Getting to know you


The Irish Times this morning continues reporting bits of the survey it’s done regarding Irish politics and a united Ireland.The paper emphasise the impartiality of the research, with 1,000  people in the north and 1,000 people  in the south questioned, and in addition  focus group discussion. Today’s report tells the reader how much (or how little) each jurisdiction knows about the  other.

It seems there’s an insularity within an insularity. Two-thirds of people in the south say they have no friends  in the north, eighty per cent have no relatives there, and more than half haven’t visited the north in the past five years.

I’m assuming the Irish Times will consider the political implications of  all this, but let me introduce a couple of talking points.

Why might it be that two-thirds of southerners don’t have any northern friends? Two obvious reasons are geography and  shared experiences. If you live in a different part of a country, it’s more difficult to maintain friendships than if your friend is in the next street or the next town. If I’m living in Tyrone and you’re living in Kildare, we might have a friendship but the odds are against it. And since we are separated geographically, it’s unlikely we’ll have shared experiences. In fact, if you stop to think, the southern government and media for decades did their utmost to keep the north at arm’s length, until many southerners saw themselves as taking their life in their hands to venture to South Armagh or West Belfast or Derry. Yes, those days are over in terms of conflict, but not in all sorts of other ways. Sky television, for example, won’t let me have access to RTÉ, the national broadcaster,  when there’s an international soccer game involving the Republic of Ireland. Michael D Higgins may remind people that he’s the President of Ireland, not President of the Republic of Ireland; but even southern nationalists routinely refer to ‘Ireland’ when they mean the Republic of Ireland. Which leaves a lot of northern nationalists without a country and in my own case, a sudden realisation that I’m married to a foreigner.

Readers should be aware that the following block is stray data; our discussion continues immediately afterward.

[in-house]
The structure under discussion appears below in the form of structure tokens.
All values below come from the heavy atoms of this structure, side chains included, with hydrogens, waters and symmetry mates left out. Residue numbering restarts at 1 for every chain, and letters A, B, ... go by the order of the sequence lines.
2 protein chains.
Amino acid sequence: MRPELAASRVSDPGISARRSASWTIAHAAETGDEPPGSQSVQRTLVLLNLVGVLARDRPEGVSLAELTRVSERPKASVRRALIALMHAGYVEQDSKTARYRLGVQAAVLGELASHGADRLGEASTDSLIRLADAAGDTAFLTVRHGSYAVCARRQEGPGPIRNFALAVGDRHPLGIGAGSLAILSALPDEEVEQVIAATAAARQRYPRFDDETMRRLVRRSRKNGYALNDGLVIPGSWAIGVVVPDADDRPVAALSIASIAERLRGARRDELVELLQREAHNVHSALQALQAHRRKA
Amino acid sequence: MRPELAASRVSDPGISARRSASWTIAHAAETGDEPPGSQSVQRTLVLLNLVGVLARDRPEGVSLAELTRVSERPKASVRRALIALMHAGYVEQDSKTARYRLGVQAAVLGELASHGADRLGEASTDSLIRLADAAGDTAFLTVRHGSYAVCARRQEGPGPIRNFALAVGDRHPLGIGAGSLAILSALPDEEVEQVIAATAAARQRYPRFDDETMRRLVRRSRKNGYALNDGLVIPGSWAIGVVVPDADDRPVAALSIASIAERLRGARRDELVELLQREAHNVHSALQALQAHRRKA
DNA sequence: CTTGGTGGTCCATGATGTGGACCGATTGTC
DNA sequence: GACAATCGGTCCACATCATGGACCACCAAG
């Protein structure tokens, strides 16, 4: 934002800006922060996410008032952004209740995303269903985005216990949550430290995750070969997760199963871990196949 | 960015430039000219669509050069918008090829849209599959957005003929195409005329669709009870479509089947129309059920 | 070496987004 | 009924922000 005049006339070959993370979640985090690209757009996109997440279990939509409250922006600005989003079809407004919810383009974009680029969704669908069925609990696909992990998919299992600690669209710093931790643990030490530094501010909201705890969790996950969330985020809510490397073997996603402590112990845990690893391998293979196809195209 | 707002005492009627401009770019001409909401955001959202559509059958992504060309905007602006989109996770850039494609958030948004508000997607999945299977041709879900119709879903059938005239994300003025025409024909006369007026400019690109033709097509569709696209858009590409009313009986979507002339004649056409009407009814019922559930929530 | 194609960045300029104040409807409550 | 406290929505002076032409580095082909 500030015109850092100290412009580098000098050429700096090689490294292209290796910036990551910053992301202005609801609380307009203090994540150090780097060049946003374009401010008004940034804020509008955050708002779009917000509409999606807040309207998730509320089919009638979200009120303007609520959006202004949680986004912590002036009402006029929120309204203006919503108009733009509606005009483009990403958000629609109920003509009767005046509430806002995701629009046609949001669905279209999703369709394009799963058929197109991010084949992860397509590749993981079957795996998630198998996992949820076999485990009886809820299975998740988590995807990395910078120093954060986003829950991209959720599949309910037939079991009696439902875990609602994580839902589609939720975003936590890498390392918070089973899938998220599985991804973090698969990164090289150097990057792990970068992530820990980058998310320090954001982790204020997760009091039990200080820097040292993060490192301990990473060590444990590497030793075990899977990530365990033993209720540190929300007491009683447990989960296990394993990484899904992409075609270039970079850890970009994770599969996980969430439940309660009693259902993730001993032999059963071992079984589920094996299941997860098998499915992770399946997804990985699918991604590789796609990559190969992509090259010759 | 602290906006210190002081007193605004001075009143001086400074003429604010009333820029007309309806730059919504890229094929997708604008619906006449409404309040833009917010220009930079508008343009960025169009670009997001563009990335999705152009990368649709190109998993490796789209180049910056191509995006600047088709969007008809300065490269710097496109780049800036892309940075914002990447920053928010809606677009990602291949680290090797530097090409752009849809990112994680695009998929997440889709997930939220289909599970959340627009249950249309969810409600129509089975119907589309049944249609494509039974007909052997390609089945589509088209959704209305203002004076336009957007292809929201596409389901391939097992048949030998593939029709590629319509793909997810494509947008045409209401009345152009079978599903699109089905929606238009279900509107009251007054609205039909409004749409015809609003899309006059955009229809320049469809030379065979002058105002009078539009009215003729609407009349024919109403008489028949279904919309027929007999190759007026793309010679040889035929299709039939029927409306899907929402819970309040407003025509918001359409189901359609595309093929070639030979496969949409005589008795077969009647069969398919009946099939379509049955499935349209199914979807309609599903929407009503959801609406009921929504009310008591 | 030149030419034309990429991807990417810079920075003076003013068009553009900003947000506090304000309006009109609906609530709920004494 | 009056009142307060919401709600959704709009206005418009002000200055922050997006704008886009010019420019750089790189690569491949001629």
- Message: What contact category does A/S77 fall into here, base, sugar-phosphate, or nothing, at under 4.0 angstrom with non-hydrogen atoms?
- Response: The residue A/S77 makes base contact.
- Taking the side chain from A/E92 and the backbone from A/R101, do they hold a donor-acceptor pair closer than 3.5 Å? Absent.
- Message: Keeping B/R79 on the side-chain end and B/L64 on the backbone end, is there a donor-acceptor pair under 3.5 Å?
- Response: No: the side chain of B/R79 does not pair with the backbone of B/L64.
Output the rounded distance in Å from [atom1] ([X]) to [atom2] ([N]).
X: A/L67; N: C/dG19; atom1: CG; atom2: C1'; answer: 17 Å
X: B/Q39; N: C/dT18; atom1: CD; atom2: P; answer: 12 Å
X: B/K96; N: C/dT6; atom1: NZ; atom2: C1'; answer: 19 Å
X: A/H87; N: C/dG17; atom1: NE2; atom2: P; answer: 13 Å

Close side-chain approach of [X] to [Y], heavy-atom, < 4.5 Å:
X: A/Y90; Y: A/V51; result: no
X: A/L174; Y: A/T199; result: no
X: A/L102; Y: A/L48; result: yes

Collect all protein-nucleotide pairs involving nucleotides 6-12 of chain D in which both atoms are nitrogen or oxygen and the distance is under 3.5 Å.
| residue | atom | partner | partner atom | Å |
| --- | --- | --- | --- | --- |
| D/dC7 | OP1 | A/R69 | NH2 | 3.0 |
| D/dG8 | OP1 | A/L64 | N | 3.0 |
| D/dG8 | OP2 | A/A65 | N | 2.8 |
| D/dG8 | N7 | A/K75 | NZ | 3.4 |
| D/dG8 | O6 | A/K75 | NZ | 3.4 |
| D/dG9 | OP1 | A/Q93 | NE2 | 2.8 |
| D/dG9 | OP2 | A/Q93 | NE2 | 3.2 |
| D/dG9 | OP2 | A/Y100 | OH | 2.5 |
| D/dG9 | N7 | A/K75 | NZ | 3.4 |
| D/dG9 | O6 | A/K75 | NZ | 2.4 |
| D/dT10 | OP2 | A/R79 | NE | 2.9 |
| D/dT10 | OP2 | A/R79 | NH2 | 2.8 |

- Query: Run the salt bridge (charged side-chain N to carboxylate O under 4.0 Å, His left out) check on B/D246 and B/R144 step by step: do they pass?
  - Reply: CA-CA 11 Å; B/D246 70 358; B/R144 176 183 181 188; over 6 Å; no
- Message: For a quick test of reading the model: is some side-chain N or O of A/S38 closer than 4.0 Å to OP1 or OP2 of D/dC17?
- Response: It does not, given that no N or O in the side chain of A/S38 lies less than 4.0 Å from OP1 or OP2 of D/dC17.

Why has the Irish Times conducted this survey? If you’re charitable, you’d say it’s that newspaper engaging in the kind of research work  necessary as we move towards a border poll. If you’re a little less charitable, you might say it’s an attempt to stress how different the north is from the south, and if you’re interested in a united Ireland, you’d better thinking in terms of decades hence, not years.






One Response to Getting to know you

  1. Denis February 2, 2023 at 11:23 pm #

    The free state elites in FFG and RTE are hell bent on ensuring that Ireland ends in Lifford and Dundalk etc
    The occupied 6 might as well be on the moon for all they care.
    They are only interested in British occupied Ireland for the purpose of bashing the dreaded Shinners and as a means to criticize SF and wider republicans for all the violence.
    It’s enough to make your blood boil
    The deafening silence on issues like Aidan McAnaspie murder and similar British war crimes is sickening.